Numerada - by the numbers Depends on the style and teacher, but typically one person feeds angles either predetermined or random so the other can practice basics of footwork, zoning, hitting, etc. can be done in any range.

These are only three, I'm getting tired of typing already. i'll explain more later if your interested.

Andy
 
Originally posted by Lunumbra

I'm looking for a good source to learn some of the vocabulary associated with FMA's

for instance, in my limited experience, Kali, Escrima and Arnis are used almost interchangably as the name of art forms. Are there different emphasis placed on each name?

What is Tippi-Tappi?

If someone could just give a brief description of each common excercise, it would be a great help to all of us beginners in following the posts around here!

Thanks
Michael Stone

1. The Eskrima-Digest has one of the largest vocabulary lists:
http://www.martialartsresource.com/filipino/filframe.htm

Scroll down to the "Instructors in Filipino Martial Arts" link and then scroll down to "FMA Glossary of Terms."

2. Kali, Eskrima, and Arnis are general terms used to describe the Filipino martial arts. In recent years some Filipino martial artists have argued that "kali" describes an ancient art from which the various more modern styles of "eskrima" and "arnis" have derived. Mark Wiley in "Filipino Martial Culture" argues that this is not the case. The dozens, if not hundreds, of different Filipino martial arts, both weapons-oriented and not, are tied to tribal, clan, and family traditions that are so dissimilar as to prevent any association with a common "mother" art. Furthermore, prior to the 16th century, "kali" was not a term used in the Philippines to describe martial arts; it is a 20th century term that is often used out of a sense of Filipino pride and the desire to promote Filipino martial arts.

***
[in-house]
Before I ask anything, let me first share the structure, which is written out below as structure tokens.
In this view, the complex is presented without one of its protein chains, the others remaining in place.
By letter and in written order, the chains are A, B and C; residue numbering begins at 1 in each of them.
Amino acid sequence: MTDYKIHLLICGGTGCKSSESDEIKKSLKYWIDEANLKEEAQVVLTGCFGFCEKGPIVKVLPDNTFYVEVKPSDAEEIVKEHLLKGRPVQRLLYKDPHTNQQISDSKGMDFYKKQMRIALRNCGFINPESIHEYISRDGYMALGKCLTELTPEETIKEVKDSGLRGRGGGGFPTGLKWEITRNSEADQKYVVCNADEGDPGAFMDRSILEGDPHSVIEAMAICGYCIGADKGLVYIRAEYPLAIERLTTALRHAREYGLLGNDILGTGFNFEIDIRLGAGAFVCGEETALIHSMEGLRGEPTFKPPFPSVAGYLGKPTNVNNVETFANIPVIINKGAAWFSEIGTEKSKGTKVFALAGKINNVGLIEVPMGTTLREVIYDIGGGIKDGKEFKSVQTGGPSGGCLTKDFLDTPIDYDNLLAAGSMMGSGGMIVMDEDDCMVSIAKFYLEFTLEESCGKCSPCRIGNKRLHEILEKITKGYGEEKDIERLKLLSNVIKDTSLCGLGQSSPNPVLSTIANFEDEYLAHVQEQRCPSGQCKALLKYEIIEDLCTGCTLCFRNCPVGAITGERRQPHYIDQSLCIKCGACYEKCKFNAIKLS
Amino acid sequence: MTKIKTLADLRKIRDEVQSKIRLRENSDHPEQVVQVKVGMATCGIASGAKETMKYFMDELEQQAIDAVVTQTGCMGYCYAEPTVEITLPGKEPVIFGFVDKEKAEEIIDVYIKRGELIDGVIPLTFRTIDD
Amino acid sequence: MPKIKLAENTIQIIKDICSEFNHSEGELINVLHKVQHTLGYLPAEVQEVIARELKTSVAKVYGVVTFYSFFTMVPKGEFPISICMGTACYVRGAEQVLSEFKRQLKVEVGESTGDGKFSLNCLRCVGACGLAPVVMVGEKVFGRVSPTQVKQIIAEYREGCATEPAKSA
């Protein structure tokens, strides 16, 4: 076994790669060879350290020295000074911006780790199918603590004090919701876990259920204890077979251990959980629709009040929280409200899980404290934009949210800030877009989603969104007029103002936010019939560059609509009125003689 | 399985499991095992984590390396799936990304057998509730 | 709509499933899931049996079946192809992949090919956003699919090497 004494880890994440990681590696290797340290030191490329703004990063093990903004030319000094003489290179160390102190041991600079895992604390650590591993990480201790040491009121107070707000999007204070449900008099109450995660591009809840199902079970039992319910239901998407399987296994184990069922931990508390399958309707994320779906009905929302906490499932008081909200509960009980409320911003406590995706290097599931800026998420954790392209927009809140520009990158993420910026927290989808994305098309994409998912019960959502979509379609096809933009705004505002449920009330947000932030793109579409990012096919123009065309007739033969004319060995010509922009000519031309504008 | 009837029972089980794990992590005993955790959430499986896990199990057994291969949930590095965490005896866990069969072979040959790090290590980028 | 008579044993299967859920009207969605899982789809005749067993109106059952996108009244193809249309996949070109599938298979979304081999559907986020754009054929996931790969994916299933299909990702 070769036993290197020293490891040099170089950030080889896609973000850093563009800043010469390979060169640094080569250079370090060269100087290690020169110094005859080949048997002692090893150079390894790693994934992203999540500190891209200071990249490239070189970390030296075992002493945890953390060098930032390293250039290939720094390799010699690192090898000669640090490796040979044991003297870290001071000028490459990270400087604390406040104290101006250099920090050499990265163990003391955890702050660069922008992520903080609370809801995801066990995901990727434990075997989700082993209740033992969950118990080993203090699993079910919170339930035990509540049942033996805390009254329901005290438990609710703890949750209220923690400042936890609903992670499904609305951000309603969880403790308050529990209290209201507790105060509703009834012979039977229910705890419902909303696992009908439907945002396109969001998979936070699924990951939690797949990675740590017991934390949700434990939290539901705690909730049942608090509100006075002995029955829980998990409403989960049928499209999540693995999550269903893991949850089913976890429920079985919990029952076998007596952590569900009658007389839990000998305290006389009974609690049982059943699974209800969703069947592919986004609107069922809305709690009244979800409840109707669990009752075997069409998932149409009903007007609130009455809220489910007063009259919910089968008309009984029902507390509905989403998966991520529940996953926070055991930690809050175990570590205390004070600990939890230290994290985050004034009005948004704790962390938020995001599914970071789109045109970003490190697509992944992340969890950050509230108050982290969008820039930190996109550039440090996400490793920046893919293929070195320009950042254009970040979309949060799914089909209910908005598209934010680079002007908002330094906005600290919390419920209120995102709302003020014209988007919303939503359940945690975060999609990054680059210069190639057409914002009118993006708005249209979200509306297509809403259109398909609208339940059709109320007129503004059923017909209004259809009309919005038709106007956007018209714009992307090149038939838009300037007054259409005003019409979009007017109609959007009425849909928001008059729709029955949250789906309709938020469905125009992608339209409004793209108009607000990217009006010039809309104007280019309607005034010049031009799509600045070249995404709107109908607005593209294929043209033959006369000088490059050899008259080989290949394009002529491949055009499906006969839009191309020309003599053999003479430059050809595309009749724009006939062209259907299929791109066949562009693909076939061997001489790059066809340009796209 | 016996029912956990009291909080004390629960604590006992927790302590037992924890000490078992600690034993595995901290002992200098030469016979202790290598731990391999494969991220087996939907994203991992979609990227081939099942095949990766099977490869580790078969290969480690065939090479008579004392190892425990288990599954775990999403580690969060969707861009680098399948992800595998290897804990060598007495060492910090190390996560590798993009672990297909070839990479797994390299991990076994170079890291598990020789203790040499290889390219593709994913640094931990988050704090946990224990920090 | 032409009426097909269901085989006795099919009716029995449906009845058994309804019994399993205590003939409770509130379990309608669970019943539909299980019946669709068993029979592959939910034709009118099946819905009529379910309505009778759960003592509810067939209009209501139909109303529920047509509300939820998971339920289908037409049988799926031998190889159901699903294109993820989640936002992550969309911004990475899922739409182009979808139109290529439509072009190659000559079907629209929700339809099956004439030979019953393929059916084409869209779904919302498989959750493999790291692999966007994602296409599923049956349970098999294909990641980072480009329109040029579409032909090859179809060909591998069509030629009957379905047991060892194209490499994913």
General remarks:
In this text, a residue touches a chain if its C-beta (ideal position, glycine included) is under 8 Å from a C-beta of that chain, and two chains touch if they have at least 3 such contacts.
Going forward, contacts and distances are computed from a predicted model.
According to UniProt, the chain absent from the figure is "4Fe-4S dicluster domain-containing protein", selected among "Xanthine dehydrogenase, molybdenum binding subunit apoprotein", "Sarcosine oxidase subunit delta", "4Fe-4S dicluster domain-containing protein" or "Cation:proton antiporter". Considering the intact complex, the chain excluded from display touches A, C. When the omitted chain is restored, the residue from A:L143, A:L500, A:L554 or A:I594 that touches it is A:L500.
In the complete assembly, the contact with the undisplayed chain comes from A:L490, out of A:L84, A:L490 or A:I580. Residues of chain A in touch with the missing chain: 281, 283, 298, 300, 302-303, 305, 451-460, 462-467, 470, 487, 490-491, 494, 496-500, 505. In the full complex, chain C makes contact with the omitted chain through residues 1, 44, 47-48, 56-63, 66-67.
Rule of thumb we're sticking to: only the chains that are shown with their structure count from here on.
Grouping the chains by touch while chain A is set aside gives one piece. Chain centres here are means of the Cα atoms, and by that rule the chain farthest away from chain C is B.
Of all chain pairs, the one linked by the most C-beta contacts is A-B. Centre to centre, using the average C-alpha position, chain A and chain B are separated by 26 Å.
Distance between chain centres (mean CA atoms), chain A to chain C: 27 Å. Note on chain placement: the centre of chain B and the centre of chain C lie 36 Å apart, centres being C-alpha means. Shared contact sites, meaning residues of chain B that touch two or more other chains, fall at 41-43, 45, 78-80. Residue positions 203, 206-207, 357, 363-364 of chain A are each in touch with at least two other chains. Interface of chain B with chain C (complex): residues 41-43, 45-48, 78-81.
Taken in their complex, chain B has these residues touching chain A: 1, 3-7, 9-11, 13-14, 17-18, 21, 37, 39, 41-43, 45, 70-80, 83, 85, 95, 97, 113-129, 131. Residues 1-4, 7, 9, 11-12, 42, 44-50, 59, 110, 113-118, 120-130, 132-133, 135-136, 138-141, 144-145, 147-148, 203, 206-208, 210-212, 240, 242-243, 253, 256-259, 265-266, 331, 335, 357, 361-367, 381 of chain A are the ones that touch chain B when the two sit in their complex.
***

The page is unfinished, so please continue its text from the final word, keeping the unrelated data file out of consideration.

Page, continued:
This is stating his argument rather broadly as he admits that "kali" could well be in many cases a derivation of longer words from different dialects that describe individual Filipino tribal arts; there may very well be a connection also between "kali" and the Hindu goddess "Kali." The central argument described above is however not effected by these considerations